The Obama administration has always paid lip service to the idea of pursuing more sensible drug policy, but has rarely lived up to its promises. From launching state-to-state crackdowns on medical marijuana providers despite promises to let states determine their own policies to attempting to license the federal government’s marijuana patent for profit while claiming that marijuana has no accepted medical value, the Obama administration continues to disappoint on this issue. Drug Czar Gil Kerlikowske may say that the War on Drugs is over, but “legalization” still isn’t in the President’s vocabulary, and the war on marijuana users is still in full effect.
Given this unfortunate history, the administration’s signals of hope last week rang even more hollow.
The three pardons granted last week by Obama to former marijuana prisoners could be viewed as a step in the right direction for an administration that has consistently increased its enforcement against marijuana violations. It is certainly a boon for those three individuals, who will no longer have to deal with the stigma of arrest and incarceration haunting them the rest of their lives. Those three people will find it easier to find employment, apply for student loans and federal education assistance, and will finally be able to vote again.
The recipients of these pardons should be lauded for becoming pillars of their communities after their incarceration. But how many pillars have been torn from their communities by prohibition, whether for providing medicine to sick people or simply choosing to relax with a substance that is safer than alcohol?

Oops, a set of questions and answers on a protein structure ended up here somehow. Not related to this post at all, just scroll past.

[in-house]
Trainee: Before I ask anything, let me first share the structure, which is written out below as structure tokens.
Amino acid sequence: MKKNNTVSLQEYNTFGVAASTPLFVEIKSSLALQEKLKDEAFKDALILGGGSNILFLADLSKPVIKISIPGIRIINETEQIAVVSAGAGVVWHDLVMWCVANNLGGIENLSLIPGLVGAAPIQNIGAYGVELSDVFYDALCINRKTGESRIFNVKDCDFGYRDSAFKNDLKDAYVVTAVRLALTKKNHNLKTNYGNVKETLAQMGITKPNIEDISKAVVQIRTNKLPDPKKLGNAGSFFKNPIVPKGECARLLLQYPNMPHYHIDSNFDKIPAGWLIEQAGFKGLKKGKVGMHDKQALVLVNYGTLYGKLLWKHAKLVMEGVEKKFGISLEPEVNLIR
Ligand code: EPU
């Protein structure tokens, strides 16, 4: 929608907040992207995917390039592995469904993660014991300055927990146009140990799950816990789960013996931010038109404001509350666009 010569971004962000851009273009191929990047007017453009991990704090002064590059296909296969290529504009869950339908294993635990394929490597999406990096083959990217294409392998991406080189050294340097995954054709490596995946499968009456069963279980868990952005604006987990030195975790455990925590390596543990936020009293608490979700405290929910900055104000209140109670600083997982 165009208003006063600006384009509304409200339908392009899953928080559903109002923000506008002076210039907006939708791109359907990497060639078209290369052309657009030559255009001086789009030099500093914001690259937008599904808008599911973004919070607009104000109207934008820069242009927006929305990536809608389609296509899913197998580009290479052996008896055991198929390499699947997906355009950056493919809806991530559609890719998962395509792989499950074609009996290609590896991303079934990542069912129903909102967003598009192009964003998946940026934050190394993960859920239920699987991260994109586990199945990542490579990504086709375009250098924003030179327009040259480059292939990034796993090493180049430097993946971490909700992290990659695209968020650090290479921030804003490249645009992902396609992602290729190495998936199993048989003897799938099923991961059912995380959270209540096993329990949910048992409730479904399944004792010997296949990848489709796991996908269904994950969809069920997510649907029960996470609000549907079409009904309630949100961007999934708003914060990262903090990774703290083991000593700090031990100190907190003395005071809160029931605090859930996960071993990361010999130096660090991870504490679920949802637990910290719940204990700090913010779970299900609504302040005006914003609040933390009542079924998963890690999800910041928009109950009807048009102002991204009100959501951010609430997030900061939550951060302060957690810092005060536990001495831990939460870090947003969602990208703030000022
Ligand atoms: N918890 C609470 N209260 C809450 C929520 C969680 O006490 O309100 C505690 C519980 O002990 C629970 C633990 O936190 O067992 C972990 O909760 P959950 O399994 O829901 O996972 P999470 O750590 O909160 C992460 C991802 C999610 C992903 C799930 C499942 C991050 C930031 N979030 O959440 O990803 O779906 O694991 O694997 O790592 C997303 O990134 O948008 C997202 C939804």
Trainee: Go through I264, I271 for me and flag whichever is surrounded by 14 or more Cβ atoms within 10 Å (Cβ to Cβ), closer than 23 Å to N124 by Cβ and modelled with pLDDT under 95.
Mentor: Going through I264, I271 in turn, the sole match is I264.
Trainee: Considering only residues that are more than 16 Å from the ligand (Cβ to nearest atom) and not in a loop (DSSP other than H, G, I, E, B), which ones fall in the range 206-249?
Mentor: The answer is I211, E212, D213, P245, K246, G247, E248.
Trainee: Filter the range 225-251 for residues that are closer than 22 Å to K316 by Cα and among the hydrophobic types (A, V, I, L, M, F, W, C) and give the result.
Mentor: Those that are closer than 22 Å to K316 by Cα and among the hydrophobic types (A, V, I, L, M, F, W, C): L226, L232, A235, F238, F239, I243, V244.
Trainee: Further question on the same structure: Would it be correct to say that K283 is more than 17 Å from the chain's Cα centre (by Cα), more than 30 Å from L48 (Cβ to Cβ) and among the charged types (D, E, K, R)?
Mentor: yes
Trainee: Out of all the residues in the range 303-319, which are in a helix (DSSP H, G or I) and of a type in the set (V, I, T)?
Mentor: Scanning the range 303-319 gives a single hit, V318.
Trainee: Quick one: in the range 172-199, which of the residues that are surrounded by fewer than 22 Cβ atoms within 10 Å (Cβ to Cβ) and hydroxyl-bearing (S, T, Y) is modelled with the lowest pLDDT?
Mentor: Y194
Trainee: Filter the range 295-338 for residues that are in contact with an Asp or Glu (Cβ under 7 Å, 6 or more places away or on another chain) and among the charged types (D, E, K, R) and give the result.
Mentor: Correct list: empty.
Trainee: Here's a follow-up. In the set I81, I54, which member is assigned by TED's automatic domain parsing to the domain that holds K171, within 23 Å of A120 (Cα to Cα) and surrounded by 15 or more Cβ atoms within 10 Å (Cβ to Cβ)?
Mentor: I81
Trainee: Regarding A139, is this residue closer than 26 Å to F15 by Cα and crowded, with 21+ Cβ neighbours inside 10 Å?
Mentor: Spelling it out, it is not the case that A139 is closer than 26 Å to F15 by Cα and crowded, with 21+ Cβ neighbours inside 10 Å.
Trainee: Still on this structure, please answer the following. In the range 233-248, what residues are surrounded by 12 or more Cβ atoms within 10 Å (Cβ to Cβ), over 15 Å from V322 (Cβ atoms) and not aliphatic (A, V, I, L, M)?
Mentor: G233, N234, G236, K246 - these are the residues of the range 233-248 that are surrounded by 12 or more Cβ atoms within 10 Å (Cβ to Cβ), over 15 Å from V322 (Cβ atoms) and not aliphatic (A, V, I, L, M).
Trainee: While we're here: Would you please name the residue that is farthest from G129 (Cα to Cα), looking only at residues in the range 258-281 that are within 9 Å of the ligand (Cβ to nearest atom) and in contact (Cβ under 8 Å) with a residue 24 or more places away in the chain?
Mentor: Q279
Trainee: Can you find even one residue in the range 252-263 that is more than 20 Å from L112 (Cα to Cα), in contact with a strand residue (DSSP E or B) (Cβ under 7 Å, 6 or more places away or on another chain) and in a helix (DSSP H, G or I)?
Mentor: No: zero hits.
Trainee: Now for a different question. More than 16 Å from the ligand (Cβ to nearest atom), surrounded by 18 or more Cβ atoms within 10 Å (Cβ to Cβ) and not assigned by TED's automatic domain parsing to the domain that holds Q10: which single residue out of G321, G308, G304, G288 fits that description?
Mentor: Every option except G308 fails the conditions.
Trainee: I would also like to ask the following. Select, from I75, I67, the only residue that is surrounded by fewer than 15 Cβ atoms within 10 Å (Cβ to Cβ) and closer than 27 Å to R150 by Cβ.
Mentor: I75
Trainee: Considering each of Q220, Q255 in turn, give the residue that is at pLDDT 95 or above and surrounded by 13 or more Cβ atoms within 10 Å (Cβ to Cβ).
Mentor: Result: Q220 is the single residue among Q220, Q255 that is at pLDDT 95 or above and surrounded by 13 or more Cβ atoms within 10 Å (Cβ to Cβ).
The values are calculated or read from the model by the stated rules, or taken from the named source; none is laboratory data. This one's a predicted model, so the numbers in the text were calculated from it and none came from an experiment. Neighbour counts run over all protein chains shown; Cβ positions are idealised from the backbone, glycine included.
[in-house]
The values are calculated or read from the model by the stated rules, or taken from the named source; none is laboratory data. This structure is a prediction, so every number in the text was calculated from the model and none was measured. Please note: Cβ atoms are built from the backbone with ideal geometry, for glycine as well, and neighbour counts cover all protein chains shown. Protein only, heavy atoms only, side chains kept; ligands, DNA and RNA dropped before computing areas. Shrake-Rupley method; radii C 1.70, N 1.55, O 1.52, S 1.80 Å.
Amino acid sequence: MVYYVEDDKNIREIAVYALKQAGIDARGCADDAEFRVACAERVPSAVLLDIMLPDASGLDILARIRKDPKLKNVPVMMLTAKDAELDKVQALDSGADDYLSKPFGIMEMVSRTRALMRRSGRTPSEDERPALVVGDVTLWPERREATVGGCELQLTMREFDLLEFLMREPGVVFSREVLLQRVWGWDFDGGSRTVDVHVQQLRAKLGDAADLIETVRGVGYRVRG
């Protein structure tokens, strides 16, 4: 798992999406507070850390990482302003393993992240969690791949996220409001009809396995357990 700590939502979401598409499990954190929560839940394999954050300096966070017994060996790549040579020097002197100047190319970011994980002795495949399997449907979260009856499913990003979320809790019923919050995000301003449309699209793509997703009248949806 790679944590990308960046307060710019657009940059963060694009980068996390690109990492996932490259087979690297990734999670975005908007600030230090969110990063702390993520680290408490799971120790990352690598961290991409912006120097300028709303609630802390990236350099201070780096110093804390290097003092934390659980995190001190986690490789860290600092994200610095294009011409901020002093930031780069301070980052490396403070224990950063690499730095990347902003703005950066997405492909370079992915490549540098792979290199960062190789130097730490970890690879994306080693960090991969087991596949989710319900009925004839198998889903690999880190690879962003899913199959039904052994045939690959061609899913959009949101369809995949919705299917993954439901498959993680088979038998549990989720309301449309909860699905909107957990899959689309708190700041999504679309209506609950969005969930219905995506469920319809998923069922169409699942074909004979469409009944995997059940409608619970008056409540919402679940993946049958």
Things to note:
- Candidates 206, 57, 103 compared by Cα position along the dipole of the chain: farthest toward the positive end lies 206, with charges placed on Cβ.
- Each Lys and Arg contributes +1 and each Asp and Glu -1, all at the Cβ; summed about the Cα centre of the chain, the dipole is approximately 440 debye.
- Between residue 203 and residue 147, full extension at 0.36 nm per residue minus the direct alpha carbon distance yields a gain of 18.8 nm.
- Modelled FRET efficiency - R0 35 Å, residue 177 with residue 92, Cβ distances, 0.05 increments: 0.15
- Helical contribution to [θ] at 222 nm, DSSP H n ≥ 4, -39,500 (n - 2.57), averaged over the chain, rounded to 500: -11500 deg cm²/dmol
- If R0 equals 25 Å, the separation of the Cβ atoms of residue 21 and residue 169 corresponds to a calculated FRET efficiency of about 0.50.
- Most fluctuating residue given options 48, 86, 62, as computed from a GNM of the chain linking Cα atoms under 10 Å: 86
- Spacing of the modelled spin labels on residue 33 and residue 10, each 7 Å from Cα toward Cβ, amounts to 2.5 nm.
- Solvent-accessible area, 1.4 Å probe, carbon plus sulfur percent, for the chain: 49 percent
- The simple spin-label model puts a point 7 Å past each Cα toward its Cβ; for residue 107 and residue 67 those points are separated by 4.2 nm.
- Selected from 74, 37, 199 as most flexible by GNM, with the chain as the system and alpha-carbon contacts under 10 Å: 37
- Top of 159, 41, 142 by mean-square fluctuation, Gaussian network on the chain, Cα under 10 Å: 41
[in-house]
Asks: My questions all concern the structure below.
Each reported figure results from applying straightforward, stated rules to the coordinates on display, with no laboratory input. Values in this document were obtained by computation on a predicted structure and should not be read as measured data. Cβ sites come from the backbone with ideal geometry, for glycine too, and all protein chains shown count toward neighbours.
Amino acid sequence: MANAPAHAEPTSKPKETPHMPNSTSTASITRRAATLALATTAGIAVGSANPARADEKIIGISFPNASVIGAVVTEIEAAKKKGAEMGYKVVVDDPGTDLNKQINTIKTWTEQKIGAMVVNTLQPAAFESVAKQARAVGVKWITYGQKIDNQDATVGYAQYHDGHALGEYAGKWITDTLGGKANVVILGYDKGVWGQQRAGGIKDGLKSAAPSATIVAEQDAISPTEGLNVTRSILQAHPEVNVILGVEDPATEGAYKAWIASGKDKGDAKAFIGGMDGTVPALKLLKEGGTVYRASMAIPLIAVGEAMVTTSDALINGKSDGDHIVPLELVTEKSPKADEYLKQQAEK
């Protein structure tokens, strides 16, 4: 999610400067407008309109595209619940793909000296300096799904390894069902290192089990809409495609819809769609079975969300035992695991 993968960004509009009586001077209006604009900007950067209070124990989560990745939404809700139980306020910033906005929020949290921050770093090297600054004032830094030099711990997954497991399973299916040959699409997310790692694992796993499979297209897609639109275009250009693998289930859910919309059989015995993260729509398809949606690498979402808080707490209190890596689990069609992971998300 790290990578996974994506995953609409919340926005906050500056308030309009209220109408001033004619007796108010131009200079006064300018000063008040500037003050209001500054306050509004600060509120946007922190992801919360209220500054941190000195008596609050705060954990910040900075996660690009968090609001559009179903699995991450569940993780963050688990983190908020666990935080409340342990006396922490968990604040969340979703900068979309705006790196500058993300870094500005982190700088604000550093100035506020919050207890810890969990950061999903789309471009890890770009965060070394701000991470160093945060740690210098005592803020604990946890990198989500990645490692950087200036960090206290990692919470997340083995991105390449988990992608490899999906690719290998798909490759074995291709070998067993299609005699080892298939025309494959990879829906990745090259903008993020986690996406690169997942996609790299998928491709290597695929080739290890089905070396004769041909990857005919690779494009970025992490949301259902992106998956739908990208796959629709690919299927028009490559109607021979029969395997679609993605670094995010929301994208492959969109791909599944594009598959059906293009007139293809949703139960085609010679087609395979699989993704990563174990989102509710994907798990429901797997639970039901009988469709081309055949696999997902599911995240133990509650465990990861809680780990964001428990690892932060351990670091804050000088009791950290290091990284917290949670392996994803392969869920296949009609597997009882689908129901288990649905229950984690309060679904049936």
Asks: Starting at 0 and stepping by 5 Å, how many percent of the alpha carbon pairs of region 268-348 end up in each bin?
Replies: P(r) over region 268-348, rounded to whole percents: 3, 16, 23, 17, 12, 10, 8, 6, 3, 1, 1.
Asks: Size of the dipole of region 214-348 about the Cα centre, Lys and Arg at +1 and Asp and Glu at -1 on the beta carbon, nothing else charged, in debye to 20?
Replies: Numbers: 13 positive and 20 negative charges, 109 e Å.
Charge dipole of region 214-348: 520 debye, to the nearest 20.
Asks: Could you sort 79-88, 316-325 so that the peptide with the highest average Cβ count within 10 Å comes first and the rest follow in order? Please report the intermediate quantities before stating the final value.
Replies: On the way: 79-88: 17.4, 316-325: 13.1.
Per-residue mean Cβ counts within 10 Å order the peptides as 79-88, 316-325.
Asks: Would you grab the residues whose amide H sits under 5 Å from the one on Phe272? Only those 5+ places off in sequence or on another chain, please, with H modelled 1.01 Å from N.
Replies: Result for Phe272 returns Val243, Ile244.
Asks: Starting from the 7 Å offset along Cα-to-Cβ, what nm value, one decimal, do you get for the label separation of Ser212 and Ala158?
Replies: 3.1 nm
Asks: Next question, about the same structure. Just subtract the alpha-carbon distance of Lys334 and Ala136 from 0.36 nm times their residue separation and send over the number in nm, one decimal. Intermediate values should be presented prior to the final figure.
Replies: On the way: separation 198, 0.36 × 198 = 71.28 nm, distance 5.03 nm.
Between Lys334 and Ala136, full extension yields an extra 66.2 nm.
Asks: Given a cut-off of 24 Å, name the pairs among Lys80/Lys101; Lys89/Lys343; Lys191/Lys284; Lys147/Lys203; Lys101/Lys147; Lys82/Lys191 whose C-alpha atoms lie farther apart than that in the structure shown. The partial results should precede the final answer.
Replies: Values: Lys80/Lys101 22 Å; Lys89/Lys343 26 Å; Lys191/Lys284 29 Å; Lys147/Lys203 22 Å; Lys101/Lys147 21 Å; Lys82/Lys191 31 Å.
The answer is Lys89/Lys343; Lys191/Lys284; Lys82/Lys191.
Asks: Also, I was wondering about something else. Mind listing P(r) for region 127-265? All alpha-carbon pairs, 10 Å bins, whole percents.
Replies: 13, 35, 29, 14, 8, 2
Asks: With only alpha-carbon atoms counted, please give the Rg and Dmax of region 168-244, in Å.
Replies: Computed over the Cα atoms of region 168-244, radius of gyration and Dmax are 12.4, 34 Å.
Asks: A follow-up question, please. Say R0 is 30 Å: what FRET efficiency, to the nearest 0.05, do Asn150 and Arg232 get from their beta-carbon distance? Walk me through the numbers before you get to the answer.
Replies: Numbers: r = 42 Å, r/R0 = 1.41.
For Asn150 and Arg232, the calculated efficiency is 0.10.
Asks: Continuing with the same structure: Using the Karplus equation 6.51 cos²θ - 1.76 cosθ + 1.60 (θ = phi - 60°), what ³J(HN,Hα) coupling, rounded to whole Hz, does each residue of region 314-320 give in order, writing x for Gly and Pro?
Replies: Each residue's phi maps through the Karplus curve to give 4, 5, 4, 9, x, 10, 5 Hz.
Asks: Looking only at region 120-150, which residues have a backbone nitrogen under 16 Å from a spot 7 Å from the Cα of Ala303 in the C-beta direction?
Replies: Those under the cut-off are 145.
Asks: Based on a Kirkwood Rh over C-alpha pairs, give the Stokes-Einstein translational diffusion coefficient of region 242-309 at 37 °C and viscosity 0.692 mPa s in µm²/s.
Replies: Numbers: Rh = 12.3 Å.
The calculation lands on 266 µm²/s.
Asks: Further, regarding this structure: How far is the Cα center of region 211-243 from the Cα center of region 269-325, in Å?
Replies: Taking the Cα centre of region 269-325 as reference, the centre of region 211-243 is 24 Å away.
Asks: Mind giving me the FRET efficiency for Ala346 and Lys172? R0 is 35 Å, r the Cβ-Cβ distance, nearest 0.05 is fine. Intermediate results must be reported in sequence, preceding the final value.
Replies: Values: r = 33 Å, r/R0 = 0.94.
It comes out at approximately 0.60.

Those three people should be celebrating. The mitigation of the effects the war on marijuana has had on their lives is long overdue. But that celebration provides no solace to the 853,000 people arrested in the U.S. in 2010 for marijuana violations, 750,000 of which were for simple possession. Nor does it comfort the families of those who have died at the hands of the police during marijuana raids, or those who have lost beloved family pets and property to marijuana prohibition.
The press conference given by Gil Kerlikowske last Monday is perhaps even more insulting to supporters of drug policy reform. The purpose of this event was to address concerns that minority populations were being disproportionately affected by drug laws and what could be done to fix this problem. While he proposed many positive efforts to reduce the effect that drugs have in the African-American community, he overlooked some glaring facts.
Even though marijuana use among whites is higher than in any racial demographic, minorities are arrested for marijuana violations at a staggeringly higher rate throughout the country. This disparity in arrests, as well as the accompanying disparity in sentencing for drug crimes has an undeniably detrimental effect on African-American and Hispanic families and communities that is directly tied to the ability of police to arrest people for marijuana. Even in New York City, where marijuana possession is technically decriminalized, law enforcement found a loophole to facilitate the arrests of over 50,000 people a year for marijuana violations. The vast majority of those arrestees are people of color. Until we remove the threat of arrest, we cannot adequately or realistically confront the impact of drugs in any community.
Kerlikowske is right: we cannot arrest our way out of our drug problems. Logic would suggest, then, that we stop trying. For the drug czar to propose fixing those problems for minorities while leaving policies in place that undeniably support systemic racism is disgraceful.
It may be a good sign that the Obama administration is looking at this issue with a little more interest, and is moving along harm reduction lines to solve it, but the fact remains that the government is still at war with marijuana users. We need to go further. There must be a legitimate dialogue in the White House to mirror the one occurring on an international level and among voters about the failure of marijuana prohibition.